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Regrettably, Robert Schwentke’s action comedy “RIPD” is not about the Rhode Island Police Department. That concept would have been much more engaging than the actual basis for this mediocre movie written by Phil Hay and Matt Manfredi.
So what do the film’s titular initials stand for? They’re the name of a covert law enforcement unit called the “Rest In Peace Department,” comprised of cops who die in the line of duty. Disguised as harmless civilians, these officers walk the Earth again for a unique purpose: to capture rogue spirits and bring them to the other side.
The RIPD’s newest recruit is Nick (Ryan Reynolds) a cop gunned down during a drug bust. Since Nick has done some things he’s not proud of, he’s offered the position to make spiritual amends. Of course, this greenhorn is partnered with a grumpy veteran lawman from the 1800s named Roy (Jeff Bridges). Roy is a loner with zero interest in training a partner, which is just fine, because Nick thinks that he’s too good for Roy’s help anyway. After a series of humorous scuffles however, they realize that they’ll need to cooperate to stop a villain (Kevin Bacon) from bringing about the end of days.
Instead of being creative with an amusing premise, the filmmakers for “RIPD” disappoint by lazily ripping off “Men in Black” and “Ghostbusters.” The secret supernatural crime fighting organization piece as well as the mismatched partners is totally “MiB.” Roy is even Southern and hard to understand just like Agent K (Tommy Lee Jones). Plus, their misadventures in capturing ghosts and the apocalyptic showdown at the end borrow heavily from “Ghostbusters.” That said, it’s too bad that the humor in “RIPD” doesn’t come close to the hilarity of either picture.
Unfortunately this movie’s few attempts to innovate aren’t much better. Schwentke tries to place his camera at weird angles and twist it upside down during a couple chases, which only distracts you from the action. The slow-mo sequences look okay in 3D, but the only time the extra dimension feels truly worthwhile is when you wish it wouldn’t. Characters spitting chunks of food in your face isn’t particularly enjoyable or appetizing.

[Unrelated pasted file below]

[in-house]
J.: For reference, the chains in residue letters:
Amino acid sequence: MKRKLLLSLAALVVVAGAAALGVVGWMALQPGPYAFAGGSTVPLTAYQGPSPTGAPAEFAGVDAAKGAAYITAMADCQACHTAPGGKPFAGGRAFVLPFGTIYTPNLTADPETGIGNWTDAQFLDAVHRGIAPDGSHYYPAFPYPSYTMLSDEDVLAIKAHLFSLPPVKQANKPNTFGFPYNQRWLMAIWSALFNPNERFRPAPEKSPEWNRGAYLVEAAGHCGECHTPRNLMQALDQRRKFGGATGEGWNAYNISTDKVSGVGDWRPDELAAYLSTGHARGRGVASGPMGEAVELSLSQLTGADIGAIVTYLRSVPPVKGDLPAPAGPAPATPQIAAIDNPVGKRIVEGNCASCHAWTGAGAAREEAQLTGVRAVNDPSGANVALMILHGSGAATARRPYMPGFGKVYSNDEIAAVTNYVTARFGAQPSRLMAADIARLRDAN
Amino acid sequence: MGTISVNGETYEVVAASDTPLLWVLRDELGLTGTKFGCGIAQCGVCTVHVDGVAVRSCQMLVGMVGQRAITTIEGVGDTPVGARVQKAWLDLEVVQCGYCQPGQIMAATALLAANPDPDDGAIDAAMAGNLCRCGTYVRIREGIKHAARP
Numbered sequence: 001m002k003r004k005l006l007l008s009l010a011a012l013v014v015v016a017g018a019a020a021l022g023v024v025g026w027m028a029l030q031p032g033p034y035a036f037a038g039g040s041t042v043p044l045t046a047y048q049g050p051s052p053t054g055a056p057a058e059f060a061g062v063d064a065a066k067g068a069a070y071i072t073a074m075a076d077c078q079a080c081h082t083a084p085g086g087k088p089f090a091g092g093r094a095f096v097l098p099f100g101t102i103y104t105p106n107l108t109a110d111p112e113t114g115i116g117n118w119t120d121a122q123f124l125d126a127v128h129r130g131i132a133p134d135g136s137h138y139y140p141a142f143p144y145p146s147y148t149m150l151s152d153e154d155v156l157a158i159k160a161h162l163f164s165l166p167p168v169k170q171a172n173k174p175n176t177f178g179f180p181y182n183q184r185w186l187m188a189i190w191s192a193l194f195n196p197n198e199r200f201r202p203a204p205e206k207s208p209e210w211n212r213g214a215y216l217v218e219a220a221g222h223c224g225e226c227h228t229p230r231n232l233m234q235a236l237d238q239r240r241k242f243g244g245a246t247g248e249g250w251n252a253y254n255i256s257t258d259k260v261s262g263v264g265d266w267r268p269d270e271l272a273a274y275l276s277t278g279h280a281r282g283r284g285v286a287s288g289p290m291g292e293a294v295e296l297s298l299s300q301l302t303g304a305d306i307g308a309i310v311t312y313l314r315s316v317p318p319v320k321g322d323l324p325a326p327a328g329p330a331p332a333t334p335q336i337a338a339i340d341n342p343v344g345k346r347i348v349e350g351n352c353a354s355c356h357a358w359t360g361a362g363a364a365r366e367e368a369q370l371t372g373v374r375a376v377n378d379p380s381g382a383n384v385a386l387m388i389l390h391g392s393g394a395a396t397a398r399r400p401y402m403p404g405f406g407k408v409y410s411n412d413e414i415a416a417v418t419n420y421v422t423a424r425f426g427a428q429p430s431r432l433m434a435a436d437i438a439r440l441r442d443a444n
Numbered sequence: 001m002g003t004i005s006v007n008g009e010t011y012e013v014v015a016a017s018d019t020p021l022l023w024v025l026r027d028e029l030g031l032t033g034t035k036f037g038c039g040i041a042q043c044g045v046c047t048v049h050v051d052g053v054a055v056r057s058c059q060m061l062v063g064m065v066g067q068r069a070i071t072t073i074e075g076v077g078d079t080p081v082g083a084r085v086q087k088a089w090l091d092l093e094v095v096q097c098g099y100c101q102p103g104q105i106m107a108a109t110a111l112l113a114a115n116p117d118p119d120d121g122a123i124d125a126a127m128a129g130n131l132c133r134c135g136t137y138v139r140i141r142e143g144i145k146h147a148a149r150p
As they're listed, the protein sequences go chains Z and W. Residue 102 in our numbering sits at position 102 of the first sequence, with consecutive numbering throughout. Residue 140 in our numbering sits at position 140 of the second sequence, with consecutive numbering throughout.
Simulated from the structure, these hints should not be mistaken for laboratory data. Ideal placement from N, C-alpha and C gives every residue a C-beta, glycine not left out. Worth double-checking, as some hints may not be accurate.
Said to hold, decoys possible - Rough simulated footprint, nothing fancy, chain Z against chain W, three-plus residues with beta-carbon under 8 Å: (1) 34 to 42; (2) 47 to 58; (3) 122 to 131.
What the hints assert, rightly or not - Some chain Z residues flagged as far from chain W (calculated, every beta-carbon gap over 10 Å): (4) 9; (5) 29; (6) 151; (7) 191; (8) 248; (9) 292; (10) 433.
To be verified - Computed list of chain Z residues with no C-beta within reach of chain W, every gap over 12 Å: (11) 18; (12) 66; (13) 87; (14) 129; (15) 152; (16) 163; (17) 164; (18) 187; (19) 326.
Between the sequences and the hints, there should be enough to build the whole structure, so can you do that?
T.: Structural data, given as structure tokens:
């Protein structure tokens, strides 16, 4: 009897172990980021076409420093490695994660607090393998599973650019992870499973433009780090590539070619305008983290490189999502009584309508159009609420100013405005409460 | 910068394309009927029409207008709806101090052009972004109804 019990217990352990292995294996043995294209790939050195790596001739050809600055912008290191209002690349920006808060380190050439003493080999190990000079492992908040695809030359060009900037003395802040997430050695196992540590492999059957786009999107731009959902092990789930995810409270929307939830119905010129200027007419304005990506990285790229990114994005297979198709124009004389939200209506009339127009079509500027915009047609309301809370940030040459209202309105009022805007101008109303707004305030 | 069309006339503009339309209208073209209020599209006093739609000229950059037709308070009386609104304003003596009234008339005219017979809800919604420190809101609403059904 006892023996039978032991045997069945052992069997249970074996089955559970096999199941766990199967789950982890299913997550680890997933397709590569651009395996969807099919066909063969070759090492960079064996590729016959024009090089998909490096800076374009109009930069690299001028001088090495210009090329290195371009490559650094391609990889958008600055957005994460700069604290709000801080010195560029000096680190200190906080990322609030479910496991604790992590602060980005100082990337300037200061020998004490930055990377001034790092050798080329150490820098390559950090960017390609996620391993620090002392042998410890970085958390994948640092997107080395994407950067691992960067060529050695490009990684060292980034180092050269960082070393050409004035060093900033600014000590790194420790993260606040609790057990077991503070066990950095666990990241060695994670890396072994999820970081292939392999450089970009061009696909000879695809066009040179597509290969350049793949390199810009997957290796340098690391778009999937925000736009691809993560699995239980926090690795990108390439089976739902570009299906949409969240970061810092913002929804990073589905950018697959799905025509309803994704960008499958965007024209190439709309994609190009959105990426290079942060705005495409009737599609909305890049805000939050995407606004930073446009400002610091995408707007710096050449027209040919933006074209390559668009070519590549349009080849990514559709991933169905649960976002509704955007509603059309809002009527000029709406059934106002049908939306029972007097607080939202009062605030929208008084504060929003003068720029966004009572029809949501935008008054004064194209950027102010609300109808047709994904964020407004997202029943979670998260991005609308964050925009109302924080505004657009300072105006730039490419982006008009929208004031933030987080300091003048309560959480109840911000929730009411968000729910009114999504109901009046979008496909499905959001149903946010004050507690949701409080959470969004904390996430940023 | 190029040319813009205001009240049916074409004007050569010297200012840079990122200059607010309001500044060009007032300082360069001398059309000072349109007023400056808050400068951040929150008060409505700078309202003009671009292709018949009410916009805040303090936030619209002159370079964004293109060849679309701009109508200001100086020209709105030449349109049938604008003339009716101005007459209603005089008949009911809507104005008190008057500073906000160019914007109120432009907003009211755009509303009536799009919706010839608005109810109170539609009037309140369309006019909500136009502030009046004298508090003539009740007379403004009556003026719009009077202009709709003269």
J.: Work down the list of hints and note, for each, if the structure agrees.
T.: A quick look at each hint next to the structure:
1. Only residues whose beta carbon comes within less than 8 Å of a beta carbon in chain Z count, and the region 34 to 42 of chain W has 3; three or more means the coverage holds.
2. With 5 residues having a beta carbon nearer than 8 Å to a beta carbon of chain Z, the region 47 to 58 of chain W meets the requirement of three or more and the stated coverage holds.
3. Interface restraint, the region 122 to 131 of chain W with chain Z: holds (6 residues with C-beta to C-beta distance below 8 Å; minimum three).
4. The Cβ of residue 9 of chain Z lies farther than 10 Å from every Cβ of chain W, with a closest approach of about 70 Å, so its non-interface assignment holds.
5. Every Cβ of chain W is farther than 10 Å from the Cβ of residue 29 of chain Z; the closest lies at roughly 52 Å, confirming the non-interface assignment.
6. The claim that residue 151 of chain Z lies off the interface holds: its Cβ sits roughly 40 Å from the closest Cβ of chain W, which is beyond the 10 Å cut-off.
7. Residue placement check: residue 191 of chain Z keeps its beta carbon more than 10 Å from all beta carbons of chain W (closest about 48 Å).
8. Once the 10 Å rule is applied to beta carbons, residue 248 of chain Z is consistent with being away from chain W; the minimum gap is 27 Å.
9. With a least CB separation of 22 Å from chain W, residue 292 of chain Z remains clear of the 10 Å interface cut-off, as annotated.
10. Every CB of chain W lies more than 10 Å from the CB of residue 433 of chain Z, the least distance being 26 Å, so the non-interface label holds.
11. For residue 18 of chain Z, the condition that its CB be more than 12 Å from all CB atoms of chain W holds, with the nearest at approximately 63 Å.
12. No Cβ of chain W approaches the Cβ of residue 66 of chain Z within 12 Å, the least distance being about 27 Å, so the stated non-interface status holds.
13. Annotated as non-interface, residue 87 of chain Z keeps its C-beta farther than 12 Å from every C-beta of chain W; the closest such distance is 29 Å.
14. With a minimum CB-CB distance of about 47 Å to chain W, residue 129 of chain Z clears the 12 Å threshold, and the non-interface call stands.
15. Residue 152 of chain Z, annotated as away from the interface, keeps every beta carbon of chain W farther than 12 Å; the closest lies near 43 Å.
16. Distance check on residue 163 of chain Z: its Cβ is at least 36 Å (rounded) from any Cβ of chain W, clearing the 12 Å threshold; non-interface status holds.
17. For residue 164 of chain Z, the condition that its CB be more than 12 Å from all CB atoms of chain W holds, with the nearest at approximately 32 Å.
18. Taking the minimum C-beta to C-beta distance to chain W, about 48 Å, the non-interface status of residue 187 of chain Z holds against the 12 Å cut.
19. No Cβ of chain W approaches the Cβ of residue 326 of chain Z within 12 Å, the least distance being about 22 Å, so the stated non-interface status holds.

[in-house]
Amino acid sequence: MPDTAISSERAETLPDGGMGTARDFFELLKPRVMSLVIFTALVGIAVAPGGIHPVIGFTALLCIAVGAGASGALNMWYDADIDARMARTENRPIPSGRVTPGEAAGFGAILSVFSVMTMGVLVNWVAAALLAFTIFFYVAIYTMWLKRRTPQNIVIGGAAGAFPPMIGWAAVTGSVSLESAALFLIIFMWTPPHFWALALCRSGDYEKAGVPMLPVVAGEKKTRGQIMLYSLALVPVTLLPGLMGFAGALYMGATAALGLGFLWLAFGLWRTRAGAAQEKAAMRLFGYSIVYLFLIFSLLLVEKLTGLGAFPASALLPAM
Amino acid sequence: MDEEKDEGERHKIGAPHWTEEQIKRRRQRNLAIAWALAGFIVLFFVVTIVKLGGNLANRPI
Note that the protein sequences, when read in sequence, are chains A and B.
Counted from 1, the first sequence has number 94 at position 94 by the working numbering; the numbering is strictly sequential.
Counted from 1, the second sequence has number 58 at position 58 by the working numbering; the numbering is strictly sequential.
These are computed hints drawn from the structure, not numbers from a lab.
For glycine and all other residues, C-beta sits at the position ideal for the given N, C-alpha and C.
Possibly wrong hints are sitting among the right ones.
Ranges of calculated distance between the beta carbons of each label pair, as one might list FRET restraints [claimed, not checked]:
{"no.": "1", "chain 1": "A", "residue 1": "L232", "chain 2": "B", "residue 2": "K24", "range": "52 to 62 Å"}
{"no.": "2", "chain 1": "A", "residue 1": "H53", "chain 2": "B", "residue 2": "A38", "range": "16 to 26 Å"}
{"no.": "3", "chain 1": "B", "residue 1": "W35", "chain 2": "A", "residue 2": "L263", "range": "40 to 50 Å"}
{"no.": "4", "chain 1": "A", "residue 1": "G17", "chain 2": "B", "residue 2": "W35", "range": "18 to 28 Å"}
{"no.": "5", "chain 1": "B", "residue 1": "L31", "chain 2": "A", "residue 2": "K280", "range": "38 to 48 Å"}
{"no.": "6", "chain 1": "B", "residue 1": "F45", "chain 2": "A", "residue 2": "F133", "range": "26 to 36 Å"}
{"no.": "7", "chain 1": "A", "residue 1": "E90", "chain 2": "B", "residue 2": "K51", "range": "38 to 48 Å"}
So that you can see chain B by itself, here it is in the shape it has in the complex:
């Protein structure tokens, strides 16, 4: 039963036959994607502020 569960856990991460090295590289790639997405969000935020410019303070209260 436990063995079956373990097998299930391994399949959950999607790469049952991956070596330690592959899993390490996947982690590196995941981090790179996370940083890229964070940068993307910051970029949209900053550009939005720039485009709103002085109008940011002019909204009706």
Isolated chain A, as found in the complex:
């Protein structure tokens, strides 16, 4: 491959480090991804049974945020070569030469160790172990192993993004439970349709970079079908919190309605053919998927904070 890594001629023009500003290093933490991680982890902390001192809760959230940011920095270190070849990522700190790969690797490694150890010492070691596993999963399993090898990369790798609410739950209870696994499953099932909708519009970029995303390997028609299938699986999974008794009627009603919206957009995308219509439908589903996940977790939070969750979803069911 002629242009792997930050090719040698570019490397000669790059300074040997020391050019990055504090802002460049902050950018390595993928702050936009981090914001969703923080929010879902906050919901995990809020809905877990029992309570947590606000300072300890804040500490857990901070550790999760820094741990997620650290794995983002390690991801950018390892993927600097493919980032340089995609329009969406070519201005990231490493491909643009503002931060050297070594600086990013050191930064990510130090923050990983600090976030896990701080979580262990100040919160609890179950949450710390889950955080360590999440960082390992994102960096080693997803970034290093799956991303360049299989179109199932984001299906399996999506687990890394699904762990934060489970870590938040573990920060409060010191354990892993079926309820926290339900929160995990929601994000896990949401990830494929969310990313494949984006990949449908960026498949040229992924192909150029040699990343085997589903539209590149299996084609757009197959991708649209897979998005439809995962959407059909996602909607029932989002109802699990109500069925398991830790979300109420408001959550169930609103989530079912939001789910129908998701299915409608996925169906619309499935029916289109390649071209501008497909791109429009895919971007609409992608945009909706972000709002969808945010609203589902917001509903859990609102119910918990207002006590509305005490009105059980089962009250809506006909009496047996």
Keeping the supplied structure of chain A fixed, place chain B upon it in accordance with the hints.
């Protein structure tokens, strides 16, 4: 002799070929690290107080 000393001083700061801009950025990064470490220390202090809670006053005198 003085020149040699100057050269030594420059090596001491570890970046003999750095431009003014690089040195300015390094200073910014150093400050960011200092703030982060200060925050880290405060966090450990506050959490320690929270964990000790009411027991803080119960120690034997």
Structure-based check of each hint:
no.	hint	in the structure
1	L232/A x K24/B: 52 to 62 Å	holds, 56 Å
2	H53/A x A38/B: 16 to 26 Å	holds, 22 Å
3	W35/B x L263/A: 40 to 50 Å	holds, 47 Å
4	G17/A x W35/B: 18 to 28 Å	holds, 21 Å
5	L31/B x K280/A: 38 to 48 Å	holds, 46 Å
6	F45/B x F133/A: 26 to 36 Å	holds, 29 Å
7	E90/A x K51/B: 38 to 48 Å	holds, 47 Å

At least Jeff Bridges rewards viewers by playing gruff, grizzled cowboys like Roy with great gusto. The enthusiasm with which he portrays his character in “RIPD” is eerily similar to his jovial embodiment of the trigger-happy lawman Rooster Cogburn in 2010’s “True Grit.” Roy is entertaining because he’s more perverse than you’d expect, yet strangely sensitive. As a character he can be annoying though, due to how difficult he is to comprehend. His sometimes unintelligible voice sounds like Foghorn Leghorn with a frog in his throat.
Thankfully, Bridges has an odd chemistry with Reynolds that’s comedically decent. Although their quips won’t knock your socks off, they’ll still get you chuckling. At points however, “RIPD” seems confused about how far it should go with humor, choosing to stay on a safe PG-13 path in scenes where R-rated lines would be better. This hesitance made more sense after I learned from an actor who worked on the film, that it wasn’t supposed to be funny originally; the schtick was added during reshoots.
If there’s one good thing about this flick though, it’s that it’s short, well-paced and over quickly. Far from the best movie of the year, yet certainly not the worst. See it only if you have no other options at the theater.
My Grade: C-….as in Coming Close to Complete Crap.
Even when junk food has expired, sometimes it’s so freakin’ delicious that you can’t help eating it anyway. Certain sugary snacks have enough flavor, that they are totally worth the digestive consequences later. Dean Parisot’s action comedy “Red 2″ is exactly like one of those treats: an old Twinkie that you just can’t deny yourself.
Actually, a more apt analogy in this case, is probably an irresistible ancient Moon Pie, because there’s a scene in “Red 2″ where Marvin (John Malkovich) literally dusts one off for consumption. When someone gives him an incredulous look, he shrugs, saying “It was before they had expiration dates,” and then he chows down. As a viewer it’s easy feel a lot like Marvin with this film. You know you shouldn’t be ingesting it, yet the picture is entertaining enough that you gorge on it anyway, ignoring what should be a stale shtick.